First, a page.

Since she had a wedding that incorporated not only Hindu but also Muslim and Western traditions (she had a ceremony in a flowing white gown), Ramdya was inspired to find out why having a traditional Hindu wedding is so important for her young Hindu friends in the States–especially when those traditions aren’t necessarily historical, they’re cinematic.
Ramdya found that Bollywood –with its glitzy dance sequences and soap-opera-like plots–is the most mainstream form of media that Indian-American Hindus have to draw from in educating themselves about India and the culture and the traditions that are important to their parents.
As a rule, the first generation organizes the wedding, which is largely Hindu, and their children coordinate the American-style reception.
Instead of choosing either India or America, or arriving at a compromise in between the two, this community takes a 'both/and' approach, embracing both cultures simultaneously.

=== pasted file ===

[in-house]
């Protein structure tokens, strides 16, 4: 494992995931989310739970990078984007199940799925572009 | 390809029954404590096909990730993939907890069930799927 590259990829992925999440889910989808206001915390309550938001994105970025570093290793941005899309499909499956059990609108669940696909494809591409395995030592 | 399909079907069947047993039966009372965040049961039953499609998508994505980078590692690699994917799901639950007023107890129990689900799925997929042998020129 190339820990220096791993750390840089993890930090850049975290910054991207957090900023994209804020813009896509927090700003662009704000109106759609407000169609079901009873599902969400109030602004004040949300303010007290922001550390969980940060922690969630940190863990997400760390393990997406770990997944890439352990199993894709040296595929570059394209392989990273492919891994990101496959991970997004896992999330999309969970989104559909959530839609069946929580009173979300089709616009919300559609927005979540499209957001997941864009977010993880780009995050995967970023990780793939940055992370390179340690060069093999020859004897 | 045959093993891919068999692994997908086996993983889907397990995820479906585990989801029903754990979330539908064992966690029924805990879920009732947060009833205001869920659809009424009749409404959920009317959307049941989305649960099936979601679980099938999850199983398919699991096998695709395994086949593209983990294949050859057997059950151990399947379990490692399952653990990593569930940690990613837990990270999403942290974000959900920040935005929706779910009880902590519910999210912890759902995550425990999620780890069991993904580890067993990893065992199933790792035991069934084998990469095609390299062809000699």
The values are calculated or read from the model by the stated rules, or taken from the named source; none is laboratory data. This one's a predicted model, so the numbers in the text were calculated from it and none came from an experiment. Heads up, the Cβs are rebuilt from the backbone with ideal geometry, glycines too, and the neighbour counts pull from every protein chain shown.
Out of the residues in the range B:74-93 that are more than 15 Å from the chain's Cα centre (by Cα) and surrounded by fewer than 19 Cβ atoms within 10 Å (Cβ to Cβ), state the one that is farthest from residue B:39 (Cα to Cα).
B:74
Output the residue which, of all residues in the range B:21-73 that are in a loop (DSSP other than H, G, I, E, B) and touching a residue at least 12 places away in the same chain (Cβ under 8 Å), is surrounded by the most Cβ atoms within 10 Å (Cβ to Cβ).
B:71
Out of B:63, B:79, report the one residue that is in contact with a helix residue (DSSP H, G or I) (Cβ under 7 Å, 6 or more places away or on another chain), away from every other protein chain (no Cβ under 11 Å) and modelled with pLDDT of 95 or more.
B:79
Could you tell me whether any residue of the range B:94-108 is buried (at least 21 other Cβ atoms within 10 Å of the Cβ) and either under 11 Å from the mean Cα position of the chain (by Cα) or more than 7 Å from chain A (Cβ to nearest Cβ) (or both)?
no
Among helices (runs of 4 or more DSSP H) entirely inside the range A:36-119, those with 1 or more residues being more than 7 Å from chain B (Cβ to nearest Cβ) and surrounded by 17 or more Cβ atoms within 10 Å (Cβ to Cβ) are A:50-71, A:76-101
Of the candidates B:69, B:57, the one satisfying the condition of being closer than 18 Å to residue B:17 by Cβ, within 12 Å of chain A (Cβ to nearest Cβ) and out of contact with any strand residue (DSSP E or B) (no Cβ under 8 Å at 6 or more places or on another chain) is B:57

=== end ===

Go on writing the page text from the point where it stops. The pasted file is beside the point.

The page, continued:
Many of these couples display their Hindu religious background only on important occasions such as the rite of passage that is marriage, and they must negotiate two vastly different cultures and sets of values inside a community that has itself largely predetermined how to mix American and Indian/Hindu elements into this ritual. Khabar Ramdya approaches the subject of love vs arranged marriages in a thoughtful and modern way...
-- Wearing ethnicity : the Indian-American Hindu bridal industry -- Pre-wedding rituals : the both/and model -- The wedding day : improvising on Hindu and American traditions.She provides readers with a window into second-generation Indian-American Hindu couples who are navigating identities through a major life rite of passage, marriage.This book examines how middle-to upper-class second-generation Indian American Hindus negotiate wedding rituals, including the dating and engagement processes.Ramdya's ethnographic fieldwork includes in-depth interviews of engaged couples, observation at their wedding ceremonies, wedding videography and photography, and material culture such as the clothing her participants wore on their wedding day.She explores pre-wedding day topics such as America's Indian-Hindu marriage market and bridal industry, then goes on to describe pre-wedding and wedding-day customs including the engagement party, kanyadan, and baraat.